Distributor: Paramount Pictures
Criticwire Average: A-
Why is it a Must See? It was the distribution deal heard around the world, or at least the streets of the 2014 Toronto International Film Festival. After Chris Rock’s semi-autobiographical “Top Five” blew audiences away during its premiere, Paramount Pictures stepped up with a $12.5 million offer, and luckily Rock’s best directorial effort to date deserves such a prestigious purchase. Starring Rock as a successful New York comedian struggling to gain serious clout, “Top Five” is a lively, polished comedy where the writer-director’s savage wit comes through in the wry screenplay, which is loaded with topicality as it pokes fun at subjects ranging from Tyler Perry movies to Angry Birds. Cheeky celebrity cameos include Tracy Morgan, Whoopi Goldberg and Jerry Seinfeld, and it contains plenty of zippy one-liners that, alongside the famous faces, will be quite the infectious surprise for unknowing viewers. But the truly clever gamble of “Top Five” is that the movie manages to comment on its own commercial prospects. In essence, Rock has made his version of Richard Linklater’s “Before Sunrise” series by way of the humorous self-reflection found on “Louie,” scripting a tale of midlife crisis discussed in detail by a man and woman as they roam around over the course of a single day. The humor is simple but not insubstantial, so expect it to be the crowd-pleasing comedy of the month.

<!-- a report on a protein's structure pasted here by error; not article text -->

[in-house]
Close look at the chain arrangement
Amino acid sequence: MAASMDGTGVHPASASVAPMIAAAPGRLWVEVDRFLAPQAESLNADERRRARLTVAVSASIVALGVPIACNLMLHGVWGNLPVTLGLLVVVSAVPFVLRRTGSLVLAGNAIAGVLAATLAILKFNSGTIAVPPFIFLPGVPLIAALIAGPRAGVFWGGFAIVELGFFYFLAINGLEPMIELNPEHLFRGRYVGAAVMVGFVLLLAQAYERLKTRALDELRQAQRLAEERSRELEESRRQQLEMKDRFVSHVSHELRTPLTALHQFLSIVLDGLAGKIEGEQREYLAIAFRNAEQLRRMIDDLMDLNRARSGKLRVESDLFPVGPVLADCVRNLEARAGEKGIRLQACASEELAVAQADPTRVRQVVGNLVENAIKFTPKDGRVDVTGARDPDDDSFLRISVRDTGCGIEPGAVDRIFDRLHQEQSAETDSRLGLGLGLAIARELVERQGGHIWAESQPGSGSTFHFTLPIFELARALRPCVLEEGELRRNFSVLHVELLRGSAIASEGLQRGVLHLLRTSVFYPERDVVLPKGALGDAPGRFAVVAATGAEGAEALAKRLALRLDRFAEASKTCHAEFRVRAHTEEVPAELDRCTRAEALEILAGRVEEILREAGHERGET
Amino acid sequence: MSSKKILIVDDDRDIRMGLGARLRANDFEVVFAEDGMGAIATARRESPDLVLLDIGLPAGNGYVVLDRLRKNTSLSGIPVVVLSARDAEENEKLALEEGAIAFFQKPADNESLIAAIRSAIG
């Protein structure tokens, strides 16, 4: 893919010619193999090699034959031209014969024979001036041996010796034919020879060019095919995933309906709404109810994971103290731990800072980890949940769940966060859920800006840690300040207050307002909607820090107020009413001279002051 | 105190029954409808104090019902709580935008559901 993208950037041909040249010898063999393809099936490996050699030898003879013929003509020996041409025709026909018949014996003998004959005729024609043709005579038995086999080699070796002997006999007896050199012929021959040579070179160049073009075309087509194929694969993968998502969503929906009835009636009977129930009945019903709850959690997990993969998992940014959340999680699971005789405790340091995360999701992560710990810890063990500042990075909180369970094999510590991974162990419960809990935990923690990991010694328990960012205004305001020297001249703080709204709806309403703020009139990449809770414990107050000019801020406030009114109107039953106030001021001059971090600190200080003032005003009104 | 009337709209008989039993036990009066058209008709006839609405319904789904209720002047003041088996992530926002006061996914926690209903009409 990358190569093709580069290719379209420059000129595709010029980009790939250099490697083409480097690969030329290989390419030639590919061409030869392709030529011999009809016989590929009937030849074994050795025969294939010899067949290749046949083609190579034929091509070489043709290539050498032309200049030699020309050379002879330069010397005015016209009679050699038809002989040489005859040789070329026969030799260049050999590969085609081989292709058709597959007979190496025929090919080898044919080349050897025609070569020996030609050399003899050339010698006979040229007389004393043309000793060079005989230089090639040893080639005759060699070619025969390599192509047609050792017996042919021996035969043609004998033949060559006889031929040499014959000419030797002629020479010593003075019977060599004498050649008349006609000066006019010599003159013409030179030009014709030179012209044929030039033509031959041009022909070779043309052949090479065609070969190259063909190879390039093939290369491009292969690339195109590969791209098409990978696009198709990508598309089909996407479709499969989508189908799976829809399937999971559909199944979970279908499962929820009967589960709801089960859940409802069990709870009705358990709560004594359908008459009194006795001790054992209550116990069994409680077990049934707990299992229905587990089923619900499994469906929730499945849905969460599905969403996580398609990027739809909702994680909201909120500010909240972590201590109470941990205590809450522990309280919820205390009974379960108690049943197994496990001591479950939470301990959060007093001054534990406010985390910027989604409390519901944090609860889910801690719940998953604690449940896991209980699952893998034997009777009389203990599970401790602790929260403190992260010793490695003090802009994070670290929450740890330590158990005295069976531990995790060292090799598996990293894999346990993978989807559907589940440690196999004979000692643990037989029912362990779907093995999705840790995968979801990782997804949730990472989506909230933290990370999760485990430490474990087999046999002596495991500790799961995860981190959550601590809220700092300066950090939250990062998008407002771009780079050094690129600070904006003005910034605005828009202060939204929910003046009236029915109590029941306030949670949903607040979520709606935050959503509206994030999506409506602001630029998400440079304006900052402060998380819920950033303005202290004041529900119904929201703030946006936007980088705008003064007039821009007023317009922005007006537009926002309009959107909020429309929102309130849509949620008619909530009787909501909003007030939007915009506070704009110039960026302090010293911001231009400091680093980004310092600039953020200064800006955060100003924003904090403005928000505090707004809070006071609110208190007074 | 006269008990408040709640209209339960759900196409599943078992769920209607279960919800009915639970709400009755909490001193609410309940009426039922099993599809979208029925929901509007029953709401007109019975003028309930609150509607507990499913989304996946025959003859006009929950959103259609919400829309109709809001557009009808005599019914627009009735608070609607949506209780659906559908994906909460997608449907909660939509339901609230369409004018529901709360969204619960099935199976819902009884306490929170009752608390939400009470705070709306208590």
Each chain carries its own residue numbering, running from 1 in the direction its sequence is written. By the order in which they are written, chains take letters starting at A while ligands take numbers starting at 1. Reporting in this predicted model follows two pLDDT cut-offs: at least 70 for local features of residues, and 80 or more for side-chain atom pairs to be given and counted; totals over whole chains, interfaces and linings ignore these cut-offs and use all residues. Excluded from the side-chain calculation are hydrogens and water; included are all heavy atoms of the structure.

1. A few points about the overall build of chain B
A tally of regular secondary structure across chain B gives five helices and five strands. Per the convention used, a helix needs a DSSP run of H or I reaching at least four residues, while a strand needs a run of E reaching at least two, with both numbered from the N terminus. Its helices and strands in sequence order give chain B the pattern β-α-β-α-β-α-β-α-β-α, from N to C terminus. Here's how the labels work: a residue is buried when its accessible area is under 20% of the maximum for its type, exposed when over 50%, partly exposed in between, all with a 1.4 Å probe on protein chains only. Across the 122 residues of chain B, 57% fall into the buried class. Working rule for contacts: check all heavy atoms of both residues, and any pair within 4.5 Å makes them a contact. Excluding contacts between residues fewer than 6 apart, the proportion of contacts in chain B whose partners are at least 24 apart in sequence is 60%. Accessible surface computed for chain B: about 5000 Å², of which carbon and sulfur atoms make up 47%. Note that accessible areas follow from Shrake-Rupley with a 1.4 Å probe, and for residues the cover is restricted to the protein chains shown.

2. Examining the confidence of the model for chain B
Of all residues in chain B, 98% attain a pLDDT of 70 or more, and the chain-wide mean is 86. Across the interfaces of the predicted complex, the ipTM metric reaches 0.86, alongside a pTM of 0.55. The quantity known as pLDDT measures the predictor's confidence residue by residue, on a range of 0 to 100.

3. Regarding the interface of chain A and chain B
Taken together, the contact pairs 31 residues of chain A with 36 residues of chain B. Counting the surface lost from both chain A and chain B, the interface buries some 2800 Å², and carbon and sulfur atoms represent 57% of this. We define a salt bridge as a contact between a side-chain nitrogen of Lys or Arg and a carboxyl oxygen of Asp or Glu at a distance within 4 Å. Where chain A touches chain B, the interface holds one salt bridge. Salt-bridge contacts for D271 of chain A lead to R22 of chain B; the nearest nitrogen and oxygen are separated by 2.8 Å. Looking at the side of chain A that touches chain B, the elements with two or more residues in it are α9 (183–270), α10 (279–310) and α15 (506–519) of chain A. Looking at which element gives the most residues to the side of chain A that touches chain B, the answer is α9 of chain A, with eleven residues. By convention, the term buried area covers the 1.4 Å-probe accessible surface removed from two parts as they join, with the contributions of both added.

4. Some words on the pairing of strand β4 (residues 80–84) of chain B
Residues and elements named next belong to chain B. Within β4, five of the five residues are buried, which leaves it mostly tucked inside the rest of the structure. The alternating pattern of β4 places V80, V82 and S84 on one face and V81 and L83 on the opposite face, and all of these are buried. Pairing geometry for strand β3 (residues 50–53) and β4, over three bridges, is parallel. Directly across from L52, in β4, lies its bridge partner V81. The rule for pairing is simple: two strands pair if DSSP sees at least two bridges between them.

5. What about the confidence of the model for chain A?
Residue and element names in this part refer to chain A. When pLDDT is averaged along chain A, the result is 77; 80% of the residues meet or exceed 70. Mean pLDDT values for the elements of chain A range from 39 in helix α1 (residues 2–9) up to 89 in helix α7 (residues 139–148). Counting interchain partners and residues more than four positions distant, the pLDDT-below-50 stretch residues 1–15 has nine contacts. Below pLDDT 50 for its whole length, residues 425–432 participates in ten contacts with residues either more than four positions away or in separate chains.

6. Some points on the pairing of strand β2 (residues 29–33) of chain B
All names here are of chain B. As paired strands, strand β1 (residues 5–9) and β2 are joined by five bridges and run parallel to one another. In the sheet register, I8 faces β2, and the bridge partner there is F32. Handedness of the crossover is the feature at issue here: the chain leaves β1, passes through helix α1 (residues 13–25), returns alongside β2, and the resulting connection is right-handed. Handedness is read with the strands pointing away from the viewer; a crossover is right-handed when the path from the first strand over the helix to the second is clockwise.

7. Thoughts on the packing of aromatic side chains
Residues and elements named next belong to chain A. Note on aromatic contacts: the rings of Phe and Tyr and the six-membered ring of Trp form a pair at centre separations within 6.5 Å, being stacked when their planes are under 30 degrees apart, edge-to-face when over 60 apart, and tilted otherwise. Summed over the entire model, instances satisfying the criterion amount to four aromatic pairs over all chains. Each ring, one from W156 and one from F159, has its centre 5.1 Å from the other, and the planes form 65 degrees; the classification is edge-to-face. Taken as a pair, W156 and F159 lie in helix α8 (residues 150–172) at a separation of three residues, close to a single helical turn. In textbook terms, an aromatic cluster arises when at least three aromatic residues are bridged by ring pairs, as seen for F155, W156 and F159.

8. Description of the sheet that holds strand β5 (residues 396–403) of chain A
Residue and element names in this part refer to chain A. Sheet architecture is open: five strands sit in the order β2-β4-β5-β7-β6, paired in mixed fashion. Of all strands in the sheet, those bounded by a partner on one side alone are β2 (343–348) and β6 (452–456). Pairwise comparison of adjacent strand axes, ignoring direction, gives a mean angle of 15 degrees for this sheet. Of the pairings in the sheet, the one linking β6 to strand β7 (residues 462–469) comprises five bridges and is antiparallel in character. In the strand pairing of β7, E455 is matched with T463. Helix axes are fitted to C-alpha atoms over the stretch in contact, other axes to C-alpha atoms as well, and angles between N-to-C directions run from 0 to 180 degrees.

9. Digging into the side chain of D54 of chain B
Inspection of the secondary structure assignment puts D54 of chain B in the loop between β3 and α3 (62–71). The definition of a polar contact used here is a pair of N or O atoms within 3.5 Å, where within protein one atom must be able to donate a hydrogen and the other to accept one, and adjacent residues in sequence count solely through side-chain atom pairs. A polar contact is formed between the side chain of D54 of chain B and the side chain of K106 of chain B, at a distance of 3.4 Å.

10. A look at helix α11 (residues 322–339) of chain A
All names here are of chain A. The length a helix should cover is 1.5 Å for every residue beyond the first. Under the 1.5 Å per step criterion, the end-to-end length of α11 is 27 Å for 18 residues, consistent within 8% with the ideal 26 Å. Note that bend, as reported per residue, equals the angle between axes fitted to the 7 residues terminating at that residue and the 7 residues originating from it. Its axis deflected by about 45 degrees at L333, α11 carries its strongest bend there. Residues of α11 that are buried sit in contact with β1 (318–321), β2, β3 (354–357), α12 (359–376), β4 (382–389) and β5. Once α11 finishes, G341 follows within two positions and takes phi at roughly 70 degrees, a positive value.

Still Alice” (Dec 5)

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Director: Richard Glatzer, Wash Westmoreland
Cast: Julianne Moore, Alec Baldwin, Kate Bosworth, Kristen Stewart
Distributor: Sony Pictures Classics
Criticwire Average: B+
Why is it a “Must See”? Alice Howland (Julianne Moore), happily married with three grown children, is a renowned linguistics professor who starts to forget words. When she receives the devastating diagnosis of early onset Alzheimer’s disease, Alice and her family find their bonds tested as she fights to stay connected to who she once was. Moore has long been an actress who excels at bringing her characters to life with as much nuance as possible, and here she is absolutely shattering in a role that is looking to finally garner the actress her long overdue Oscar win for Best Actress. But don’t assume a win has more to do with Moore’s career than solely her performance in “Still Alice,” because her frightening and heartbreaking turn truly is one of the year’s most soul rattling performances. Even when Alice can no longer remember who she is, the lost humanity in Moore’s eyes will break you to pieces. This is one performance you absolutely cannot miss.